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As formidable a piece of ironmongery as one would wish to encounter. In actual fact it is merely an instrument that measures the angle a heavenly body (star, planet, sun, moon) makes with the visible horizon. It derives it's name from the arc at the bottom which is one sixth of a circle. The principles of a sextant are easy to master but its use requires some skill and practice. Small errors make for large discrepancies in one's position.
Parts of the sextant
The sextant basically consists of a telescope, a half silvered horizontal mirror which the telescope "looks" through and a moving arm on which the index mirror is fixed. By manipulating this arm a star or other celestial body can be made to appear on the horizon. Accurate adjustments are made by means of a micrometer knob. The angle can then be read off the arc and micrometer. The shades are to use when the object being looked at is bright - such as the sun.
The trick is to make the celestial body just brush the horizon - and herein lies somewhat of a knack.
Principle of the sextant
The sextant relies on the optical principle that if a ray of light is reflected from two mirrors in succession then the angle between the first and last direction of the ray is twice the angle between the mirrors. And this angle can then be read off the arc.
To use the sextant the telescope must be focused on the horizon. The celestial body to be shot, found and the sextant aimed at it. Bring the body down to the horizon by moving the arm along the arc and then clamp the arm. Using the micrometer knob make small adjustments while gently swaying the instrument slightly from side to side until the heavenly body just brushes the horizon.
When this is achieved instantly make a note of the time, seconds first, then minutes and hours, then the name of the body and its observed altitude. Every second of time counts - an error of 4 seconds equates to an error of a nautical mile in the position.
Errors and adjustments of the sextant
The sextant is subject to a number of errors and adjustments. To find the true altitude of a celestial body from the observed these must be allowed and adjusted for.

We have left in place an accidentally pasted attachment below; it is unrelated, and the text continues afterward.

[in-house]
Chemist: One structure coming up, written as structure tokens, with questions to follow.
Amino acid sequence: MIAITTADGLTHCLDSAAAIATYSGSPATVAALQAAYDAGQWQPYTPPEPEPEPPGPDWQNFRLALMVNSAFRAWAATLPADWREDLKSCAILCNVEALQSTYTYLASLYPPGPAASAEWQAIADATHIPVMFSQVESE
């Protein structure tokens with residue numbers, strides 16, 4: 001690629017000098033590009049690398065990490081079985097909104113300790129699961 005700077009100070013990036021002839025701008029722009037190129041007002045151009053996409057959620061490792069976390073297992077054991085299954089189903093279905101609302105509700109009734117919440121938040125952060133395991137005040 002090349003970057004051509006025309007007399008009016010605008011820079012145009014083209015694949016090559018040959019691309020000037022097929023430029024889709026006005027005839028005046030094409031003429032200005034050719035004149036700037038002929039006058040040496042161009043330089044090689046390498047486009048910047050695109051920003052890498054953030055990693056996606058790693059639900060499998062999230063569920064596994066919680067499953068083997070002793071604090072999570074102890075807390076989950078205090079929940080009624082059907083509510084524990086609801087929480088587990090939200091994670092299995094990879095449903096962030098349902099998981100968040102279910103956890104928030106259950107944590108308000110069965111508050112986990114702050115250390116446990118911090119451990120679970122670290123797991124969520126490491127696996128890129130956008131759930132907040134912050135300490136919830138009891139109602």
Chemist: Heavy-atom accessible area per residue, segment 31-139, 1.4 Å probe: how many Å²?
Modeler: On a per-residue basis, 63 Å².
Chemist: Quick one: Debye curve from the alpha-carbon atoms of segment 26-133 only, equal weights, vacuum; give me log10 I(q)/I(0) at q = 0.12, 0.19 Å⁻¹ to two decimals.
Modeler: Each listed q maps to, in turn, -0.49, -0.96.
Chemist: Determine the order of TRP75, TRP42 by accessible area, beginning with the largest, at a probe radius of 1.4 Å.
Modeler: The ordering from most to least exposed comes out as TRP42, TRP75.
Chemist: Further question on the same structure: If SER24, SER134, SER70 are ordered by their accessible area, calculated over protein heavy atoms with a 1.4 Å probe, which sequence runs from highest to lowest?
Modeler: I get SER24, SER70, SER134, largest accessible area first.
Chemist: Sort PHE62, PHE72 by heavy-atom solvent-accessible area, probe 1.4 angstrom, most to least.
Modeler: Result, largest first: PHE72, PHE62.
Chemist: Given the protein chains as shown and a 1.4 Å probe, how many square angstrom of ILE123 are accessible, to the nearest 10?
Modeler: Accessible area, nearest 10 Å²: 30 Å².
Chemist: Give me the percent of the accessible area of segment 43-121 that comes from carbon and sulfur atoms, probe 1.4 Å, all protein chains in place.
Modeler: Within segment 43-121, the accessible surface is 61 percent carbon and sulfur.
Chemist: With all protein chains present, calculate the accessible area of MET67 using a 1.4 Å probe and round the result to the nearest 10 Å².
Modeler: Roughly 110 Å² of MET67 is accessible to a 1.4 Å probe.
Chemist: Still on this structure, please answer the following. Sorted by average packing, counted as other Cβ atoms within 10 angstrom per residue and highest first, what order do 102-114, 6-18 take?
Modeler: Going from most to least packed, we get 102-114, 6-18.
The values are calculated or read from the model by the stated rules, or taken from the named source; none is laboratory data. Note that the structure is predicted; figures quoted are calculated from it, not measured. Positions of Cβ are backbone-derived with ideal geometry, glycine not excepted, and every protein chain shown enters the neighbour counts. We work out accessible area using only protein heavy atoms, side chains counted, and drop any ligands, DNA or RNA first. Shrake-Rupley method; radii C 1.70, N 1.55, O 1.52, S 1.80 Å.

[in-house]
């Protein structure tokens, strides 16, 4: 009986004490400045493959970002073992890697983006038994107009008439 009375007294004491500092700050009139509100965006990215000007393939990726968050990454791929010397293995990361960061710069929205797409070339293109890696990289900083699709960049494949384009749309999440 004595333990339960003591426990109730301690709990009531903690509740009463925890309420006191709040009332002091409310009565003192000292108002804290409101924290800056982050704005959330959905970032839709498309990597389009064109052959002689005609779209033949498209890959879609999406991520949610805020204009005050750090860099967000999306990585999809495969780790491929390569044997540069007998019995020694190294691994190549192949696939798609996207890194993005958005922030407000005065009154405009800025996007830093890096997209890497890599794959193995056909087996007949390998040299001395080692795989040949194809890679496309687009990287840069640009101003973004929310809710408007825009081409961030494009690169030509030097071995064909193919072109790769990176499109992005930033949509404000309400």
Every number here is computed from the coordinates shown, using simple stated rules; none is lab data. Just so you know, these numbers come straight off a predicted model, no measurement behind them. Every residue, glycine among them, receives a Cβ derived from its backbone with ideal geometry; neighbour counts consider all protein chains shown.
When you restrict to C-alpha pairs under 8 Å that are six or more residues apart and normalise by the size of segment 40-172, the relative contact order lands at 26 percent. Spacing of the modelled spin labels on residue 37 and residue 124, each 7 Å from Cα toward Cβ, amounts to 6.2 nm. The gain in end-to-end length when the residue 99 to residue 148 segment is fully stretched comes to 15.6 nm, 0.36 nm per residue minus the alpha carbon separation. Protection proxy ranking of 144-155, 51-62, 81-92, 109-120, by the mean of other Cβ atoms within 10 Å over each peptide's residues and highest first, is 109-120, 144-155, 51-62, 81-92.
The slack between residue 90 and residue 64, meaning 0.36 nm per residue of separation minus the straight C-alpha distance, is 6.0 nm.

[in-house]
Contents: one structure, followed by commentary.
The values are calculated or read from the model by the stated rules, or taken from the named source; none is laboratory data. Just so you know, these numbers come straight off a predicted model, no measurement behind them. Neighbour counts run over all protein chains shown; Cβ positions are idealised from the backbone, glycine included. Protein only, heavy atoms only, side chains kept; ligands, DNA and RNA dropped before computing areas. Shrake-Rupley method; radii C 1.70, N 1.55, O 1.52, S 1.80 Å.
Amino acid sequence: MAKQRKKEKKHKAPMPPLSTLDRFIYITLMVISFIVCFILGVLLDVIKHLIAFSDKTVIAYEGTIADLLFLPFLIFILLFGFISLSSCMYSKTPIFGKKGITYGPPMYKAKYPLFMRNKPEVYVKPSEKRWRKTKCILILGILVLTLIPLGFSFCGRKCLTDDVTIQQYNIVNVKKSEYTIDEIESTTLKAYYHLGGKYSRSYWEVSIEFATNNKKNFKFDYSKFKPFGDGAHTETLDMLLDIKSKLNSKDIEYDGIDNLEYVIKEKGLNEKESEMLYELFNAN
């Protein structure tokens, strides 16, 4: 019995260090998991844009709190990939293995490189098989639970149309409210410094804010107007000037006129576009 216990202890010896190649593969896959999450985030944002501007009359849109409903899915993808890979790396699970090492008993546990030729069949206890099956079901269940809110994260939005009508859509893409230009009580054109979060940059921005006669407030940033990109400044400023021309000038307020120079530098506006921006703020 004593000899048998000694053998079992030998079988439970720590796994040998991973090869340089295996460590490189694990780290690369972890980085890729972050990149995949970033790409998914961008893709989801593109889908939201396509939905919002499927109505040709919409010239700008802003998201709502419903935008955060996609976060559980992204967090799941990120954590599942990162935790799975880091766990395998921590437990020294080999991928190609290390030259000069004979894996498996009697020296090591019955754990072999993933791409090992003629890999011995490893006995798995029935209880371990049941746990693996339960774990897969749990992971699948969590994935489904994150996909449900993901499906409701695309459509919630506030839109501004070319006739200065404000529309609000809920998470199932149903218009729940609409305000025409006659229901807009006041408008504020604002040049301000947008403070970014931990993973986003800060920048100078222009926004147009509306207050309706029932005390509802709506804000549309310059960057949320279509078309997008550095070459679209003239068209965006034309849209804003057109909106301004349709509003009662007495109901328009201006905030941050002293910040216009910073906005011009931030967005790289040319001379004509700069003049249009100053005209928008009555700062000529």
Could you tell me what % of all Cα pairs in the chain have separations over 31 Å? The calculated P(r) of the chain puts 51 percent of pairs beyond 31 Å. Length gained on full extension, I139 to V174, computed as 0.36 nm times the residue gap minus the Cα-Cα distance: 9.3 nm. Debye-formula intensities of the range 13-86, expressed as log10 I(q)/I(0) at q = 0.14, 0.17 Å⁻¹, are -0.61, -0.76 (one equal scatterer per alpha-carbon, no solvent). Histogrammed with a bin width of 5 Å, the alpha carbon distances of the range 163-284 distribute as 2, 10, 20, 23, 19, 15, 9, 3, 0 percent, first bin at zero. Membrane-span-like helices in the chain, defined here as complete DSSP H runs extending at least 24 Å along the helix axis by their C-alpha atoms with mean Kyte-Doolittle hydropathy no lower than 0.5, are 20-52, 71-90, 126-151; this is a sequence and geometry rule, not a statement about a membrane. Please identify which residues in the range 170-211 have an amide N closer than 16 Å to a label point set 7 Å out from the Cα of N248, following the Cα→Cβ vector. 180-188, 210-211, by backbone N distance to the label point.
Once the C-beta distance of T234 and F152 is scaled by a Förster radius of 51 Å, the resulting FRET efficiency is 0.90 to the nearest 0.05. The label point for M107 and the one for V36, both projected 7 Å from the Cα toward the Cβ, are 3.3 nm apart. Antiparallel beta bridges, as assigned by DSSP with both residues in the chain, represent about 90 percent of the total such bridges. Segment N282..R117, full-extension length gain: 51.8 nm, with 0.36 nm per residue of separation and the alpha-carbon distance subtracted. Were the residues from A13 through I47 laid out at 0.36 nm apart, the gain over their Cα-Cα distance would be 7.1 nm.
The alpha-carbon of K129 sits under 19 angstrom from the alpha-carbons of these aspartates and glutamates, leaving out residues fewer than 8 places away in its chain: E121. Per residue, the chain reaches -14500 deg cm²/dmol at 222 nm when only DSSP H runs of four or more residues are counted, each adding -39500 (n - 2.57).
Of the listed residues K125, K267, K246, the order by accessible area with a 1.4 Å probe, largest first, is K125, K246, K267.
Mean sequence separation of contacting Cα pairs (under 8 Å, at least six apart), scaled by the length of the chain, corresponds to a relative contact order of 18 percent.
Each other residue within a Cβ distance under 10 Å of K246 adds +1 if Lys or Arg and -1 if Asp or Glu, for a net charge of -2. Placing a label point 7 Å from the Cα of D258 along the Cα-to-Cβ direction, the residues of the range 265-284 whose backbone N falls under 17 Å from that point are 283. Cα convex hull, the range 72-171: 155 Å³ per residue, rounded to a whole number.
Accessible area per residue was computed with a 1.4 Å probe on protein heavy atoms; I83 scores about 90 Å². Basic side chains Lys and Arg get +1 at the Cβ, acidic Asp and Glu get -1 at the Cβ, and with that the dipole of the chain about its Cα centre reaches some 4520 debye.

Briefly these are:
Index error is an instrumental error. When looking through a sextant at the horizon the exact level horizon will seldom be seen to be at 0°.
Before every sextant session the Index error should be determined.
If the error is less than 0° it should be added to whatever reading is obtained - if more subtracted. Hint: remember Noah, if off the Ark - add, if on the Ark - take off.
Dip is an adjustment made for the height of the eye above sea level. In practice this is usually taken as 0.98 times the square root of the height of the eye in metres above sea level multiplied by 3.28.
Refraction is extracted from the Nautical Almanac. It allows for the "bending" of light rays as they travel through successive layers of varying density air.
Parallax corrections are needed if the observed body is a planet, the sun or the moon. From the Almanac.
Semi-diameter correction is needed if the observed body is the sun or the moon. In this case either the top or bottom of the celestial object (known as upper or lower limb) is made to touch the horizon. To obtain the centre of the body this correction is applied - from the Almanac.
Once all the corrections are applied we have the true altitude. And this subtracted from 90 gives us the zenithal distance to the sub-stellar point. Which means we know exactly how far we are from that elusive point on the earth which is at right angles to our observed celestial body!
The Position Circle. When an observer measures the altitude of a heavenly body he obtains from it, by correction and subtraction
from 90°, a true zenith distance - ZX in the figure. Z, therefore, might be any point on a small circle of radius ZX and centre X.
On the Earth the observer's position, z, lies on the circumference of a small circle, the centre of which is the heavenly body's geographical position. The radius of this circle is also the true zenith distance, zx, and since it is now measured on the surface of the Earth, it can be expressed in nautical miles.
This small circle is known as a position circle.
The astronomical position line is the small arc of this position circle on which the observer or navigator discovers his position to be.
If zx is very small, some twenty miles or so, the geographical position can be plotted on the chart and the actual circle drawn without loss of accuracy, but in general zx will be large, of the order 1,000 miles, and the geographical position will seldom be on the chart that the navigator is using for keeping his reckoning. The part of the position circle that concerns the navigator must therefore be found by methods that confine the plotting they involve to the neighbourhood of the ship's actual position.
The method in common use is the Marcq St. Hilaire or 'intercept' method.
Our collection of Fine Solid Brass hand crafted Sextants are probably the finest reproductions of the traditional Nautical sextants, which have been used in celestial navigation since 1757.Our Sextants are based an a design bought in by Captain Cambell, but the original Octant from which the modern sextant came was made by John Hadley about 1731.The sextants are workable but not meant to be used for serious navigation. They make ideal nautical gifts for those who love the sea, or are collectors of historic navigational instruments.